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U.S. Congressional panel explores NIH funding priorities
  By Julie Rovner
WASHINGTON (Reuters Health) - Officials of the National Institutes of Health, already under fire for alleged conflicts of interest by some of its scientists, on Wednesday found themselves defending the process by which they decide how to apportion the agency's $28 billion annual budget.
"NIH's priority-setting process has drawn questions, God knows, from members of Congress," U.S. House Energy and Commerce Health Subcommittee Chairman Michael Bilirakis, R-Fla., said at a panel hearing. If Congress is to adequately fund the agency, Bilirakis said, "we need to understand how they choose what research to conduct and how they fund that research."
Rep. Sherrod Brown, D-Ohio, who lectured NIH Director Elias Zerhouni for failing to devote adequate resources to study Duchenne muscular dystrophy, as ordered by Congress in a 2001 law, warned that scientists need to respond to the needs of the taxpaying public. "If the public loses confidence in NIH, then it doesn't matter how the Institutes set their priorities; Congress will be unable to secure the funding needed to sustain this crucial agency," Brown said.
But other panel members warned that Congress should interfere less with the process by which NIH decides what to study. For members of Congress "to substitute our own scientific judgment" for that of NIH leaders, said Rep. Henry Waxman, D-Calif., "is a very perilous activity."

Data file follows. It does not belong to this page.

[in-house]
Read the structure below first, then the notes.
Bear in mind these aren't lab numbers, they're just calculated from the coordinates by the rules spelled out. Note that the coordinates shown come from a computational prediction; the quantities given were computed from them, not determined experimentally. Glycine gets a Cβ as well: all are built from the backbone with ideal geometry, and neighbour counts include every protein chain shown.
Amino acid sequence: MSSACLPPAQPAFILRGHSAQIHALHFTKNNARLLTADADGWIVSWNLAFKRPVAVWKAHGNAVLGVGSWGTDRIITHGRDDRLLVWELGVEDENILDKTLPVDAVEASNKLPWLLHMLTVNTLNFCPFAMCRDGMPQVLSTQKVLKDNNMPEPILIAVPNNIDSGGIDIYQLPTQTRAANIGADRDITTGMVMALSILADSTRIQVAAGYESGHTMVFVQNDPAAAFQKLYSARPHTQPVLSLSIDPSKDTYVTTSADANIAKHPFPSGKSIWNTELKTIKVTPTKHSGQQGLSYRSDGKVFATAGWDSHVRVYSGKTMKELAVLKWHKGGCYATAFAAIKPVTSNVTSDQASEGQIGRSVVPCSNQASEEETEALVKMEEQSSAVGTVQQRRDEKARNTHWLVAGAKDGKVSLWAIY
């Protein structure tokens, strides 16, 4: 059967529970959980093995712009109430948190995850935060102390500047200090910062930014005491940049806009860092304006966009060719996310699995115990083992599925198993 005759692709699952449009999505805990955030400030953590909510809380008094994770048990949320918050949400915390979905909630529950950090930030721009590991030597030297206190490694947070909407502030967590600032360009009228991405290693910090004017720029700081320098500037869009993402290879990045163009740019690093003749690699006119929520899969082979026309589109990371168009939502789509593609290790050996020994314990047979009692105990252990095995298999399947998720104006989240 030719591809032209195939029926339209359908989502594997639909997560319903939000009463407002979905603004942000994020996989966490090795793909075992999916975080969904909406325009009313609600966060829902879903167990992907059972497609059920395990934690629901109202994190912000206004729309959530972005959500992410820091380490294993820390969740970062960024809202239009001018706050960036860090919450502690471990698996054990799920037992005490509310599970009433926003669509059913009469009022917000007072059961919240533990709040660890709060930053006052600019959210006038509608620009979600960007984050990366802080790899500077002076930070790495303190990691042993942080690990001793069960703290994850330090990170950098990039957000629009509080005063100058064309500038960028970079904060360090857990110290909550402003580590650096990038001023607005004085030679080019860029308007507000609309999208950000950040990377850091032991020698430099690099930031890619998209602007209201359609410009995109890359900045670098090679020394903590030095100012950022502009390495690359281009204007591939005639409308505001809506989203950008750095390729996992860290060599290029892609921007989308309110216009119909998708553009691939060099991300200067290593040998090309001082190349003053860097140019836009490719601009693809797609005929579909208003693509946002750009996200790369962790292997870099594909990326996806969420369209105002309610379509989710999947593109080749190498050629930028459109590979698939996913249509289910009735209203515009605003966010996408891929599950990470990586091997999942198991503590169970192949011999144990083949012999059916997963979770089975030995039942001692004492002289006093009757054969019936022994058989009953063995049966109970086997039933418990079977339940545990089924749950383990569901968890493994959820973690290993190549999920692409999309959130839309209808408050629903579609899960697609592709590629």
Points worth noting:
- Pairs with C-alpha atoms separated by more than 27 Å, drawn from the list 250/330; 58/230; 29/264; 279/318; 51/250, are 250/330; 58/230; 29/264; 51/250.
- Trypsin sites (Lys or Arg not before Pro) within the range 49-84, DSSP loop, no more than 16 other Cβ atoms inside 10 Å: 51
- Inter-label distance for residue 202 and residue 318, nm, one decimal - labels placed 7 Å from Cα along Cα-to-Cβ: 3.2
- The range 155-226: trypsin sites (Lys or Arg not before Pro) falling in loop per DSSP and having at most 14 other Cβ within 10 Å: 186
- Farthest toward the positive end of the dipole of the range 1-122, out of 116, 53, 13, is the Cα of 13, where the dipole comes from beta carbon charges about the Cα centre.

Both Waxman and Rep. Lois Capps, D-Calif., singled out criticism by some conservative Republican members of Congress of several NIH studies of sexual behavior as inappropriate. "Some people do engage in self-destructive behavior," Capps said, "but we cannot pretend it does not exist," and NIH should study why people do self-destructive things if they are to be prevented in the future.
Dr. Zerhouni, for his part, walked the panel through the complicated set of procedures by which NIH sets its priorities, taking into account the social burden of particular ailments as well as the state of science and the likelihood that research funding will lead to concrete discoveries.
For example, he said, NIH cannot simply sponsor numerous clinical trials to try to find cures or treatments for diseases without first conducting underlying research. "You can't translate a language you do not understand all that well," he said.
But Dr. Zerhouni added that the agency can and does reset priorities when situations warrant. Funding for bioterror-related activities has dramatically increased since the U.S. anthrax attacks in 2001, he said, while just last year, NIH increased funding for obesity research across several institutes by 10%.
And National Institute for Allergy and Infectious Diseases Director Anthony Fauci said NIH "needs to do a better job working with our industrial partners" to develop new antibiotics and vaccines in particular.


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